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Understanding Your Grade and Stage of Soft Tissue Sarcoma

Understanding Your Grade and Stage of Soft Tissue Sarcoma

A pathologist is a specialized doctor who looks at tissue samples under a microscope to determine whether they are cancerous or not. The tissue samples are removed during a biopsy. If your doctor suspects a sarcoma, it is important to be sure that a pathologist who is an expert in sarcoma pathology reviews your tissue as well. Since there are not that many expert pathologists in the United States who specialize in sarcoma pathology, you may need to request a specialized pathology review.

Pathologists determine the specific type of sarcoma you have. They also determine the grade of your tumor. The grade tells your doctor how your cancer may behave or how likely it is to spread to other parts of the body. Sarcomas are graded on a scale from G1 to G3. A low-grade (G1) tumor closely resembles normal cells. A high-grade (G3) tumor may spread more readily to other parts of the body. Medium-grade (G2) tumors are somewhere in between. 

In addition to your tumor’s grade, doctors need to determine the stage of your sarcoma. The staging system takes into account the size and location of your original tumor and whether the tumor has spread to nearby lymph nodes or other parts of your body. For sarcomas, the grade is also an important part of the staging system.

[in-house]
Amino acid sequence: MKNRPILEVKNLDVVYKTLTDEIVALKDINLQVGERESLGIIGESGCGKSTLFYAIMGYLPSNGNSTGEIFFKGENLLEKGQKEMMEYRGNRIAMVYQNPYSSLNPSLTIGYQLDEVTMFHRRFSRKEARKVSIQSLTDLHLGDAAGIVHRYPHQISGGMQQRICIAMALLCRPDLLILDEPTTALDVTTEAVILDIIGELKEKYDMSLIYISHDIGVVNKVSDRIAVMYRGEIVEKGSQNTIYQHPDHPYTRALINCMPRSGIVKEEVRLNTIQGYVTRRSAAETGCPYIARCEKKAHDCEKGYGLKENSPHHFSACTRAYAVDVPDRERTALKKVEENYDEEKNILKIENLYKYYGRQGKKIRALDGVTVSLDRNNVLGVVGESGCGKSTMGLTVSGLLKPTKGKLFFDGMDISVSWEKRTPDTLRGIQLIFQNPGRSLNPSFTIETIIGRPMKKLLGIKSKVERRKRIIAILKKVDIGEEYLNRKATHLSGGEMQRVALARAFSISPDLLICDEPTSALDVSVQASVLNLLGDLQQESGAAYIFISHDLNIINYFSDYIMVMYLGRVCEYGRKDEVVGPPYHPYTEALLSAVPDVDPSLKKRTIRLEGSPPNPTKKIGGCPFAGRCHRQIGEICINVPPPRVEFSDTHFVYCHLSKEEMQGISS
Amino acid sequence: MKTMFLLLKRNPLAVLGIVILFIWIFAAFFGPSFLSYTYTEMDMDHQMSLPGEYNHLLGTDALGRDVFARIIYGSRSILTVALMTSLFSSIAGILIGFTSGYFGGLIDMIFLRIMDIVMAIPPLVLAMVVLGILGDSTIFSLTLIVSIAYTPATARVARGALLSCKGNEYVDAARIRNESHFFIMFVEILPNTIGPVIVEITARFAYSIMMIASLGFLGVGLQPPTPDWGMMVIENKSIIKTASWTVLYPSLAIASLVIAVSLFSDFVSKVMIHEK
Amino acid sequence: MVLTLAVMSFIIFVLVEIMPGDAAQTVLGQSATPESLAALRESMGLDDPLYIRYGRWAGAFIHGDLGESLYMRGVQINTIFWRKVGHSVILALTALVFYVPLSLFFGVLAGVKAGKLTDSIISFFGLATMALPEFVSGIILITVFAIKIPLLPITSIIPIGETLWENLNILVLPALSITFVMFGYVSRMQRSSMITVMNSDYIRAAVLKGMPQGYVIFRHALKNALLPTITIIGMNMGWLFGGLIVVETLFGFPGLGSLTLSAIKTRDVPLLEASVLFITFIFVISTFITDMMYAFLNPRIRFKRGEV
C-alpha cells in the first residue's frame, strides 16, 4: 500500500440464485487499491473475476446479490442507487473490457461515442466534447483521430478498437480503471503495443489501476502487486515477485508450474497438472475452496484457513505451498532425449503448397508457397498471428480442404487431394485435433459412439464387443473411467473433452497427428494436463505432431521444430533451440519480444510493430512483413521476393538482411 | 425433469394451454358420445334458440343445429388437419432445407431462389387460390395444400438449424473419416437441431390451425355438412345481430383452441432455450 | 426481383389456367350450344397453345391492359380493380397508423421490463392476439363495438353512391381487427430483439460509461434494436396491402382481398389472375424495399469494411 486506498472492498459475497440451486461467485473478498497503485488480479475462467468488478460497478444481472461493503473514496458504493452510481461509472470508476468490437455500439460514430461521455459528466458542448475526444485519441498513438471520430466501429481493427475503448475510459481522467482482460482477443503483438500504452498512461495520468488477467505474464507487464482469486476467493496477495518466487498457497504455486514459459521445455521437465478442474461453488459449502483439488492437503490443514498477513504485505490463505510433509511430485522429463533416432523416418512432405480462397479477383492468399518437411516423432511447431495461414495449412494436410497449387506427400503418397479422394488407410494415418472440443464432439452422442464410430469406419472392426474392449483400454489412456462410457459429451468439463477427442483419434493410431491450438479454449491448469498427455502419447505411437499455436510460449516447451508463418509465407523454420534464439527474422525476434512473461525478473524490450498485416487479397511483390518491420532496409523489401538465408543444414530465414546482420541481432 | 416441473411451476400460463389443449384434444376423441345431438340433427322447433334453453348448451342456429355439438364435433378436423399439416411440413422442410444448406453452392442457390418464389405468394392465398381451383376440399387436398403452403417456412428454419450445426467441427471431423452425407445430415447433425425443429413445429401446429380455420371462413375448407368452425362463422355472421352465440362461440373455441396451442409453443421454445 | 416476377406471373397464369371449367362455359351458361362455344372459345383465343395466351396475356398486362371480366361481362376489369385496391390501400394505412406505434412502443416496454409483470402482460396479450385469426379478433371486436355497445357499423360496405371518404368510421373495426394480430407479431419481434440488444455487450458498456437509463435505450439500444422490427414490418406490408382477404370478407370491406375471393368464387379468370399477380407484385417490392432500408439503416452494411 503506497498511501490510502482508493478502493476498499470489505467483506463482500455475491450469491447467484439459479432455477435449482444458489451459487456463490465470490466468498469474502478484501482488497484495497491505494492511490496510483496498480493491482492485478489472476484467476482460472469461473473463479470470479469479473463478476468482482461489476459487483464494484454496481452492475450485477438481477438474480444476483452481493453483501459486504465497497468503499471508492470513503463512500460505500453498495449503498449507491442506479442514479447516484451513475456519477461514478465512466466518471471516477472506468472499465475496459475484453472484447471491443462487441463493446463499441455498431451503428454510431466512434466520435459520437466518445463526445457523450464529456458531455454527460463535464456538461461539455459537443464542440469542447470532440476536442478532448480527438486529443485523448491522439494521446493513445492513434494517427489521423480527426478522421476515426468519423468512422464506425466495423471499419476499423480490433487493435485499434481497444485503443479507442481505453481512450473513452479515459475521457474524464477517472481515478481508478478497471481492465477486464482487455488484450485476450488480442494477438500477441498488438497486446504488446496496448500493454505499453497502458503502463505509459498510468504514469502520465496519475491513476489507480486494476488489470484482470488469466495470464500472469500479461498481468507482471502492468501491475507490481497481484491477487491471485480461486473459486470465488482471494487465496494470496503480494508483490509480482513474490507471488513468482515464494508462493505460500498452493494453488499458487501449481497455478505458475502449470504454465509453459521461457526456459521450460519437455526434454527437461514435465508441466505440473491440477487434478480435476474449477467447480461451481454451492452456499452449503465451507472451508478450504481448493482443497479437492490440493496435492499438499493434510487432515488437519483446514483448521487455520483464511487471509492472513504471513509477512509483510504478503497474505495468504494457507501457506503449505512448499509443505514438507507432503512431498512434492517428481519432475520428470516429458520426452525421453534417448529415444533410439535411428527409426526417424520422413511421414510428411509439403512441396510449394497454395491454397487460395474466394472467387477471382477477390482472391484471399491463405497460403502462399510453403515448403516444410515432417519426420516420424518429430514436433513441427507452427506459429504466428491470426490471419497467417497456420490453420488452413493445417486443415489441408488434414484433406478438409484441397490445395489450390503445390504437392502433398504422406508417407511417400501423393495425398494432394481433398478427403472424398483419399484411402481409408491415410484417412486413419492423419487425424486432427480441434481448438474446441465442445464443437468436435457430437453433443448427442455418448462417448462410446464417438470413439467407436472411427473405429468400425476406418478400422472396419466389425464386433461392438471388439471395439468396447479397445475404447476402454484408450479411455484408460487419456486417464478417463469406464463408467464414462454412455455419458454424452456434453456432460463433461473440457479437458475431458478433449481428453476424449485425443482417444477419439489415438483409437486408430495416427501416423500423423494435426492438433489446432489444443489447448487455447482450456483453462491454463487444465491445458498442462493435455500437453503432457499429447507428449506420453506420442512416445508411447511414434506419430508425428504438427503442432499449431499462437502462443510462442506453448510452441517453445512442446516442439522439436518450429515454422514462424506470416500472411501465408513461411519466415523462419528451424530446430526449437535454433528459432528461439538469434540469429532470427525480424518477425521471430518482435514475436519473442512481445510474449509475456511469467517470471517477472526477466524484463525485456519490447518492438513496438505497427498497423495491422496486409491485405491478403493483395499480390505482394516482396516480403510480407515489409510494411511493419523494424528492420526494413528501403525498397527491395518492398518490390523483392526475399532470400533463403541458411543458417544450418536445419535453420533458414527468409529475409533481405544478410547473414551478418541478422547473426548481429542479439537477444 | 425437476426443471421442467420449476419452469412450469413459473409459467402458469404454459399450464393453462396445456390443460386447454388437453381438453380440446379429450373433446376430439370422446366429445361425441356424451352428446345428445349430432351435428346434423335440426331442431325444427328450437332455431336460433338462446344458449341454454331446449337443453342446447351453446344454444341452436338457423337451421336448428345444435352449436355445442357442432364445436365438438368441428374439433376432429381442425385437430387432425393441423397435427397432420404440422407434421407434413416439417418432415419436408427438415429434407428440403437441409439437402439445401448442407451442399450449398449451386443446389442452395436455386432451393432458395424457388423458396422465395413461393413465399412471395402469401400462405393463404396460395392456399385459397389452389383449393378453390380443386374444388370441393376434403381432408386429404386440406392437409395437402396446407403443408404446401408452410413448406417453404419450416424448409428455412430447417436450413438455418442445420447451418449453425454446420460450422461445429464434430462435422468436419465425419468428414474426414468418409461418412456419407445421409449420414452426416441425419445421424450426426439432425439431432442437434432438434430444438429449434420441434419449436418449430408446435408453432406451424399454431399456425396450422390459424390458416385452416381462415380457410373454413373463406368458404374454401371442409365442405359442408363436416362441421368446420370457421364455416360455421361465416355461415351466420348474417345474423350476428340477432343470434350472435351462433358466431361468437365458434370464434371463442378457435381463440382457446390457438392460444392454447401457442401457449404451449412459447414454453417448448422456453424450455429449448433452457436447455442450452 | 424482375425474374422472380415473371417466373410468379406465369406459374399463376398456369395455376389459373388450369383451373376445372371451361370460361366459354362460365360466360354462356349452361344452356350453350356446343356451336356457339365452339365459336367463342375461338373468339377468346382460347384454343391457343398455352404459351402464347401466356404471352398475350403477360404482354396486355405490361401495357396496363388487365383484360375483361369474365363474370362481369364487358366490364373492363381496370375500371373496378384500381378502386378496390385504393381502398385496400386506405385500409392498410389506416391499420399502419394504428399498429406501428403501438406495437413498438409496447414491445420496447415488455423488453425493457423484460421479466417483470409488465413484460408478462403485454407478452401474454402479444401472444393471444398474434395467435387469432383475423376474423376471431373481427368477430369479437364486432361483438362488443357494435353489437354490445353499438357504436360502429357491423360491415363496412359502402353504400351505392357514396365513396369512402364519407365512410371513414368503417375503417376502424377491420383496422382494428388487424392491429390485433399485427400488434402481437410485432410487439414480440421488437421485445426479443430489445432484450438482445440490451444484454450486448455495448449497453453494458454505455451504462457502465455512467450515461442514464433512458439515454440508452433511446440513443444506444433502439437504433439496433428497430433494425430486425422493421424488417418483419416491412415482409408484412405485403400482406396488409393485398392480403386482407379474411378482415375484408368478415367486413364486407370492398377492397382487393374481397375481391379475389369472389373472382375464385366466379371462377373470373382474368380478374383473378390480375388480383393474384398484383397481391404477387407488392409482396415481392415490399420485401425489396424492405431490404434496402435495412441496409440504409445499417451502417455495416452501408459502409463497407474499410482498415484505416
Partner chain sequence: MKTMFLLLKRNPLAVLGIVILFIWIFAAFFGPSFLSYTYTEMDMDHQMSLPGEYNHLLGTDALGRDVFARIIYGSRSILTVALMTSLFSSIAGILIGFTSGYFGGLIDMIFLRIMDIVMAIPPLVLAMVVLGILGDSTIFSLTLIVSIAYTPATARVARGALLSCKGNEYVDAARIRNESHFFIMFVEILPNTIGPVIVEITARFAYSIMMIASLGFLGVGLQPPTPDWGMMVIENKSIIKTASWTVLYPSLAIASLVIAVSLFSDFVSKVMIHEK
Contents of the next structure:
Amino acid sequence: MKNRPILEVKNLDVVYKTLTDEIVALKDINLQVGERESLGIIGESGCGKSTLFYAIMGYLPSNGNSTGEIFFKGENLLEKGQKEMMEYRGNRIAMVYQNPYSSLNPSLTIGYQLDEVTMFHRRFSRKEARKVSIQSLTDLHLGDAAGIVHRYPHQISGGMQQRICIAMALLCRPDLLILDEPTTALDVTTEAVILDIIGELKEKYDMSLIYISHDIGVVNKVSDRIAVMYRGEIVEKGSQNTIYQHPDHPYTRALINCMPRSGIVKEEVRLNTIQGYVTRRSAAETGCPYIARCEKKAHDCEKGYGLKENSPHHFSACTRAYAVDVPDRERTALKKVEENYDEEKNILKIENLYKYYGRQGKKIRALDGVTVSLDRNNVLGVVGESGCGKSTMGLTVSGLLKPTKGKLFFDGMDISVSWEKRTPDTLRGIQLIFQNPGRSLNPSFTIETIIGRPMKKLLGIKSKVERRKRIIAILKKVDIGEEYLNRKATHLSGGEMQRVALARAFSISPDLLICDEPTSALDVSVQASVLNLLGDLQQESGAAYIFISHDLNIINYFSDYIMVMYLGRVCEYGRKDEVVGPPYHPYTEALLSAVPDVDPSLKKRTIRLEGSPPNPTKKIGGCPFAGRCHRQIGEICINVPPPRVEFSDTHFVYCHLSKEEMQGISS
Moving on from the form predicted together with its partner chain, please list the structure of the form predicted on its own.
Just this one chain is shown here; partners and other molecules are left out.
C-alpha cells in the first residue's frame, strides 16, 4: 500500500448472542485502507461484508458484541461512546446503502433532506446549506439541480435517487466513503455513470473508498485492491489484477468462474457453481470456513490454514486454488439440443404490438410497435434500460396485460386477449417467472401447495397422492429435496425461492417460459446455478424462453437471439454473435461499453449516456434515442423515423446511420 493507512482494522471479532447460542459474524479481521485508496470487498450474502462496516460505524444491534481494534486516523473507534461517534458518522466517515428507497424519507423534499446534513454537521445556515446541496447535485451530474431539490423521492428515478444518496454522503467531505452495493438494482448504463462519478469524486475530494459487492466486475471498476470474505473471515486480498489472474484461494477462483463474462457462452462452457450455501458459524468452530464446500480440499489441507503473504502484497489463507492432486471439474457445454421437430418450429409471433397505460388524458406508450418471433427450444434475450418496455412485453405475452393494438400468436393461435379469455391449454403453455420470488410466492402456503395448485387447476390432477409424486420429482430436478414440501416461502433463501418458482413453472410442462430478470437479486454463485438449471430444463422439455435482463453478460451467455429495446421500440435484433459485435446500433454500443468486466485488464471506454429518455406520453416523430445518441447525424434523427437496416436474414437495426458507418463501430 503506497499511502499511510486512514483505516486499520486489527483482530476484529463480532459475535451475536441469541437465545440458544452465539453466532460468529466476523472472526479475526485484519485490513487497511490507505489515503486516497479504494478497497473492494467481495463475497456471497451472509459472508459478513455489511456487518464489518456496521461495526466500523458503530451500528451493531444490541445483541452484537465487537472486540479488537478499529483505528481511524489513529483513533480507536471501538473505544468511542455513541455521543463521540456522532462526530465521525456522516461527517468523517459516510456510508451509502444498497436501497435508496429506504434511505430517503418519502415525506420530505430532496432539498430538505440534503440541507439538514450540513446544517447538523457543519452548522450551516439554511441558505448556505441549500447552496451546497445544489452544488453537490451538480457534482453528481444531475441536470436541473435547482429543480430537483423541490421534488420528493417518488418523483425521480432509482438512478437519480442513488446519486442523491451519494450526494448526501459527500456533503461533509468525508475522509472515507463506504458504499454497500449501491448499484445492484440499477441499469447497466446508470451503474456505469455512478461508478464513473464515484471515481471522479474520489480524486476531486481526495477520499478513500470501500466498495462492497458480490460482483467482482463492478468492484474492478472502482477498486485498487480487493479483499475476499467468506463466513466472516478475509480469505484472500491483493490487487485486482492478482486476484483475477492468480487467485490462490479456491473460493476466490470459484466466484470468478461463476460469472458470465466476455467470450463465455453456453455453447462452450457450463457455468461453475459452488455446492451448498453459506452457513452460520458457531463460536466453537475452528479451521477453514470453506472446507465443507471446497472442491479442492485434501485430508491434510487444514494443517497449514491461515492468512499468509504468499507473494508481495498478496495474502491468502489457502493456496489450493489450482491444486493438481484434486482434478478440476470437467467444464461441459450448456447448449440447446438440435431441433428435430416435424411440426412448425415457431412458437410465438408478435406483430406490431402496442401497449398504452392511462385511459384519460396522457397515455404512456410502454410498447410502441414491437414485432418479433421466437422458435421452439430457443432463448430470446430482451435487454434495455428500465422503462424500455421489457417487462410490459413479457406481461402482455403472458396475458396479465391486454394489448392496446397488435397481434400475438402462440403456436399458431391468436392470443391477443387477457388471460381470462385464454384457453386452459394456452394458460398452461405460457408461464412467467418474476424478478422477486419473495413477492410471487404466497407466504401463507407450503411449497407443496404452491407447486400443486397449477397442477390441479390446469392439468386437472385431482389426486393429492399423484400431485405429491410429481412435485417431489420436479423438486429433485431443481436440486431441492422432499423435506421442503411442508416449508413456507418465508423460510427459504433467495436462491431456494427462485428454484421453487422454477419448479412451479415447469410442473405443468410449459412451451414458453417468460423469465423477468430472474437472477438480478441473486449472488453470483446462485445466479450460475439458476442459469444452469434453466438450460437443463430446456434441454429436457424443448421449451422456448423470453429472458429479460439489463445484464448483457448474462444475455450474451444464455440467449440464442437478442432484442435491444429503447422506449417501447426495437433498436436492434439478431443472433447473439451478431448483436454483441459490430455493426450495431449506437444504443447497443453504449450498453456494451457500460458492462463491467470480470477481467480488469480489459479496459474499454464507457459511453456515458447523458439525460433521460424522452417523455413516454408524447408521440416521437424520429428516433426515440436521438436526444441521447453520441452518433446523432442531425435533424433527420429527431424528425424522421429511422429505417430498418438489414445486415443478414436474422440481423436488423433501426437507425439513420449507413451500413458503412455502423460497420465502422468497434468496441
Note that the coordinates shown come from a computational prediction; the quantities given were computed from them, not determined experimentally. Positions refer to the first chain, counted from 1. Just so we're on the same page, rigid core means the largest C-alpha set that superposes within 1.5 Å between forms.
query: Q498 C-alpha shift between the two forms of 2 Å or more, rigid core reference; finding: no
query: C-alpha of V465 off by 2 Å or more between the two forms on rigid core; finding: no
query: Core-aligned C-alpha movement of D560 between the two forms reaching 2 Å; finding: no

These are the American Joint Committee on Cancer stages for soft tissue sarcoma:

  • Stage IA. The cancer is low-grade and not larger than 5 centimeters (cm), or about 2 inches, across. It has not spread to the lymph nodes or other parts of the body.

  • Stage IB.  The cancer is low-grade and is larger than 5 cm across. It has not spread to the lymph nodes or other parts of the body. 

  • Stage IIA. The cancer is medium- or high-grade and not larger than 5 cm across. It has not spread to the lymph nodes or other parts of the body.

  • Stage IIB. The cancer is medium-grade and larger than 5 cm across. It has not spread to the lymph nodes or other parts of the body.

  • Stage III. The cancer is high-grade and larger than 5 cm across. It has not spread to the lymph nodes or other parts of the body. Or the cancer is any size or grade, but it has spread to the lymph nodes (and not to distant parts of the body).

  • Stage IV. The cancer is any size or grade and may or may not have spread to the lymph nodes, but it has spread to distant parts of the body. 

 

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